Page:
Real Estate Investment Trusts, commonly referred to as REITs, are popular with many individual investors because REITs pay generous dividend yields compared to some corporate stocks. REITs are a pass-through vehicle for income tax purposes. That means no income taxes are owed by the REIT if they follow the tax rules and distribute at least 90% of their earnings to their shareholders. The tax favored treatment at the REIT level allows them to pay higher yields to you.
As a shareholder, your cost basis accounting is pretty much the same as for corporate common stocks for changes such as stock splits, spinoffs, etc. The main difference is that REITs tend to distribute more "return of capital" payments than common stocks do. Once a distribution rate has been established, the REITs try to avoid any decreases, even if their net funds from operations decline. Until it is absolutely necessary to reduce the distributions to shareholders, they often will maintain the same rate, but then report a portion (or all) of it as return of capital at year-end.
Your cost basis must be reduced for all the return of capital payments you received for the entire time you owned it.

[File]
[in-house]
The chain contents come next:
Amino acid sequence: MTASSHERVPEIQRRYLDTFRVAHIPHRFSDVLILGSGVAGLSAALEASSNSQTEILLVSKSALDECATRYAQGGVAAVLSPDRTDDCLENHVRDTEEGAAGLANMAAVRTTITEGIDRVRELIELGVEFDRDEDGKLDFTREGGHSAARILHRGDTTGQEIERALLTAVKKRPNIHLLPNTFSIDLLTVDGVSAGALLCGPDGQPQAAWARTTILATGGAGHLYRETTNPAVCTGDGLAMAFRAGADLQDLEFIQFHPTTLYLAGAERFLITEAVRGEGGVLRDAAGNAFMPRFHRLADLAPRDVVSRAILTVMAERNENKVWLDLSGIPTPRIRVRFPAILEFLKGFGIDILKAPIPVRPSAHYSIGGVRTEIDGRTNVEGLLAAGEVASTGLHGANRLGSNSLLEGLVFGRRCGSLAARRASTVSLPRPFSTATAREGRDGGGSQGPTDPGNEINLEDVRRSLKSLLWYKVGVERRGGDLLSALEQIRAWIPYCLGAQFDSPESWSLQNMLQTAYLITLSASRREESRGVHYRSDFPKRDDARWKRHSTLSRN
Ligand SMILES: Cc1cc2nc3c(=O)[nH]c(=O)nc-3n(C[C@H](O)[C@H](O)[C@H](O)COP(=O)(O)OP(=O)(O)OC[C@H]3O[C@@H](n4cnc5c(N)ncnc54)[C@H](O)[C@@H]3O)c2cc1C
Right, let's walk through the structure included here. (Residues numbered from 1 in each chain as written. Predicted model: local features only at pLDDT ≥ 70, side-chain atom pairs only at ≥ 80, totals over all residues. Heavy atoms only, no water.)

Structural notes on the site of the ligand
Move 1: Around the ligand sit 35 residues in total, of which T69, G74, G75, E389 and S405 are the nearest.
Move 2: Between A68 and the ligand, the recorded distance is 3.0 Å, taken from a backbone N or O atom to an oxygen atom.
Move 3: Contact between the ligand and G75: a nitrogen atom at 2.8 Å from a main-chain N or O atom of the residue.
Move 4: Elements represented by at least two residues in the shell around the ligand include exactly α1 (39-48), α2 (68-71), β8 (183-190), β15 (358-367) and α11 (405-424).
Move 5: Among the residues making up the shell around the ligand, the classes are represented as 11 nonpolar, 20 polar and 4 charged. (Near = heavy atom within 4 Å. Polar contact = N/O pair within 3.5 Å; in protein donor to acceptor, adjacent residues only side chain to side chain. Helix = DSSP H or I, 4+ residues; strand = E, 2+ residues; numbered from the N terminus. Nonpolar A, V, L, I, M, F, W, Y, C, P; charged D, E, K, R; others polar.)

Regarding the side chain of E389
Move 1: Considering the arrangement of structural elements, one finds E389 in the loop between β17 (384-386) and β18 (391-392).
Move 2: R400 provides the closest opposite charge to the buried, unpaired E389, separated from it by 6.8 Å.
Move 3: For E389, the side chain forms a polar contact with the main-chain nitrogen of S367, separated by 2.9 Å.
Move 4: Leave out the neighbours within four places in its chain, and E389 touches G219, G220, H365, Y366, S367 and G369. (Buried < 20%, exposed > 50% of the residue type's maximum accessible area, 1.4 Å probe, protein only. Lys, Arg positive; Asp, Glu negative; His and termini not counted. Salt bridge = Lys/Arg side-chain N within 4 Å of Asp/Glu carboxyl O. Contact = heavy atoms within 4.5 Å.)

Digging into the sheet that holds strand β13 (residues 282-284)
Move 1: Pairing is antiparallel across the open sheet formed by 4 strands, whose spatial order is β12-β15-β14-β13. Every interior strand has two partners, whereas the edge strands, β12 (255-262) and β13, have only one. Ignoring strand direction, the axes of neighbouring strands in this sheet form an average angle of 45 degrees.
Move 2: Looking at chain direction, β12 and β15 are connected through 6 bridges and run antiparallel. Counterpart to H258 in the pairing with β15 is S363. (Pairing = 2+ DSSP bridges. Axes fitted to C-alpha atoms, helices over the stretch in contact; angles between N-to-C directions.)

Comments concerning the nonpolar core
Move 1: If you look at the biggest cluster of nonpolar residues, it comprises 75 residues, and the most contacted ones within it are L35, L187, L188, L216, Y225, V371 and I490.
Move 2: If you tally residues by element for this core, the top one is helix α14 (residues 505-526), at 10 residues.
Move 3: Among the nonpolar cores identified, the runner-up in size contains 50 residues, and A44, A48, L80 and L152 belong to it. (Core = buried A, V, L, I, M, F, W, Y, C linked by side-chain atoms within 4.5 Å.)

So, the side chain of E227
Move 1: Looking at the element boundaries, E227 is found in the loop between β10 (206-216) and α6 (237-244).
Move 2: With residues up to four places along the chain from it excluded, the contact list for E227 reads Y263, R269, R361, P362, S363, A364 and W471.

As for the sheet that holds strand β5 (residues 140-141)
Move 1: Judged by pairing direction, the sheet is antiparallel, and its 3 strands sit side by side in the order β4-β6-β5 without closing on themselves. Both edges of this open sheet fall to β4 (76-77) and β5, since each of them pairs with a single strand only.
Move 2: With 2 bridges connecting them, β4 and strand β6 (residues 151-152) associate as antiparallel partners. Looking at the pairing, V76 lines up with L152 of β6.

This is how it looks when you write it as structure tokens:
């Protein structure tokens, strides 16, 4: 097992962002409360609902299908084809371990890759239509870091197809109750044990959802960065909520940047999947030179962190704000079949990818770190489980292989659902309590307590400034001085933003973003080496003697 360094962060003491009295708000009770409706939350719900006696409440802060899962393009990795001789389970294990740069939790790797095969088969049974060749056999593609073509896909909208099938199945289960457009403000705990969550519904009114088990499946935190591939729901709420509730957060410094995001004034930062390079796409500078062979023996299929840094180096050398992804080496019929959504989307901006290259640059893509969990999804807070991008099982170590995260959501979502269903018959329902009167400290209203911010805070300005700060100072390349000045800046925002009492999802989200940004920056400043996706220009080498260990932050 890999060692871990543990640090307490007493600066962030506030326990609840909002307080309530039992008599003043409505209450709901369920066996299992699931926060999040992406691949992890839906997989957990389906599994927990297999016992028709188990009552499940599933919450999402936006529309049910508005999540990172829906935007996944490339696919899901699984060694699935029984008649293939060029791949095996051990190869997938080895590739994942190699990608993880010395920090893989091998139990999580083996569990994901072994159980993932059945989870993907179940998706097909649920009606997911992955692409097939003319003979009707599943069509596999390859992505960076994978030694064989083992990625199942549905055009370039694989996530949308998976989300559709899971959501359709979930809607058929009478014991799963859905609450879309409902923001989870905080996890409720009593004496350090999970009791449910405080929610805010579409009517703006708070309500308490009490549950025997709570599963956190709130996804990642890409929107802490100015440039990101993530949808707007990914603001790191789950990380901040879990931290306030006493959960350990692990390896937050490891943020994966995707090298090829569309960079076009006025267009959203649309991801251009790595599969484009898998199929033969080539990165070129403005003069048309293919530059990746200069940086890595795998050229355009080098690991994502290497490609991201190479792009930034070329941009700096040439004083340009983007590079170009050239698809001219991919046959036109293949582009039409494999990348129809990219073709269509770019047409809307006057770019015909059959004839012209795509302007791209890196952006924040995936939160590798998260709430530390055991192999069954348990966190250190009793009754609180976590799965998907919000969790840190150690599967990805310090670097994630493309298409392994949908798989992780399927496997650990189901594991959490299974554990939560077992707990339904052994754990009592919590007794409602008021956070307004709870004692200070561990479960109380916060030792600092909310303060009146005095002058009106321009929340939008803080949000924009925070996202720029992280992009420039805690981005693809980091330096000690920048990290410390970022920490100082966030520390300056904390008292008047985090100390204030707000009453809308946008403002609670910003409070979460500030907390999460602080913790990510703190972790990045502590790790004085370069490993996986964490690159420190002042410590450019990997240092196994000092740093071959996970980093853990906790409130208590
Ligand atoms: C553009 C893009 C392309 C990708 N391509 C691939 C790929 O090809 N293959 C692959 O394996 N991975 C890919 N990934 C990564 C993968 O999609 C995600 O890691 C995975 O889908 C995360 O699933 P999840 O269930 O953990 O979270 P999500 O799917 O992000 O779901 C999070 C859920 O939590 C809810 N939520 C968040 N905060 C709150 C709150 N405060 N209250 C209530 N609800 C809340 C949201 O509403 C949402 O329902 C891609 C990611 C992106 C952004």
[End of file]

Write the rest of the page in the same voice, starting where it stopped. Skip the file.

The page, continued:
The return of capital payments are reported to you on your Form 1099 each year. The REITs also usually post the information on their website, either under "Investor Relations" or "Press Releases." If you have held the stock for a long time and don't want to dig out your old Form 1099's, you can also obtain the information for prior years at the NAREIT website or use the Stock Lookup tool here at costbasis.com.
Once you have the return of capital per share for each distribution date, you can use our return of capital calculator sequentially on each distribution to roll forward your cost basis after each return of capital payment. Be sure to adjust for any stock splits that occur.
Another tax-advantaged feature of non-mortgage REITs is that the distributions are not required to be reported as UBTI (unrelated business taxable income) and no UBIT tax is owed. This means that they can be held inside IRAs and by tax-exempt organizations without incurring UBIT tax or requiring UBIT tax filings.
To be a REIT, a company must follow these tax rules: � Be taxable as a corporate entity; � Be managed by a board of directors or trustees; � Have shares that are fully transferable; � Have at least 100 shareholders; � Have no more than half of its shares held by five or fewer individuals during the last six months of each taxable year; � Invest at least three-fourths of its total assets in real estate; � Derive at least 75% of its gross income from real property rents or mortgage interest; � Have no more than one-fifth of its assets invested in taxable REIT subsidiaries; � Pay out at least 90% of its taxable income in the form of shareholder dividends.
Information provided is intended solely for cash-basis U.S. citizen individual taxpayers and is believed to be accurate for most cases but is not guaranteed. Always consult your personal tax advisor about your own situation. Suggestions are most welcome. Please email our webmaster @ costbasis.com with your comments. If this website has been helpful to you, please consider making a donation to support our efforts.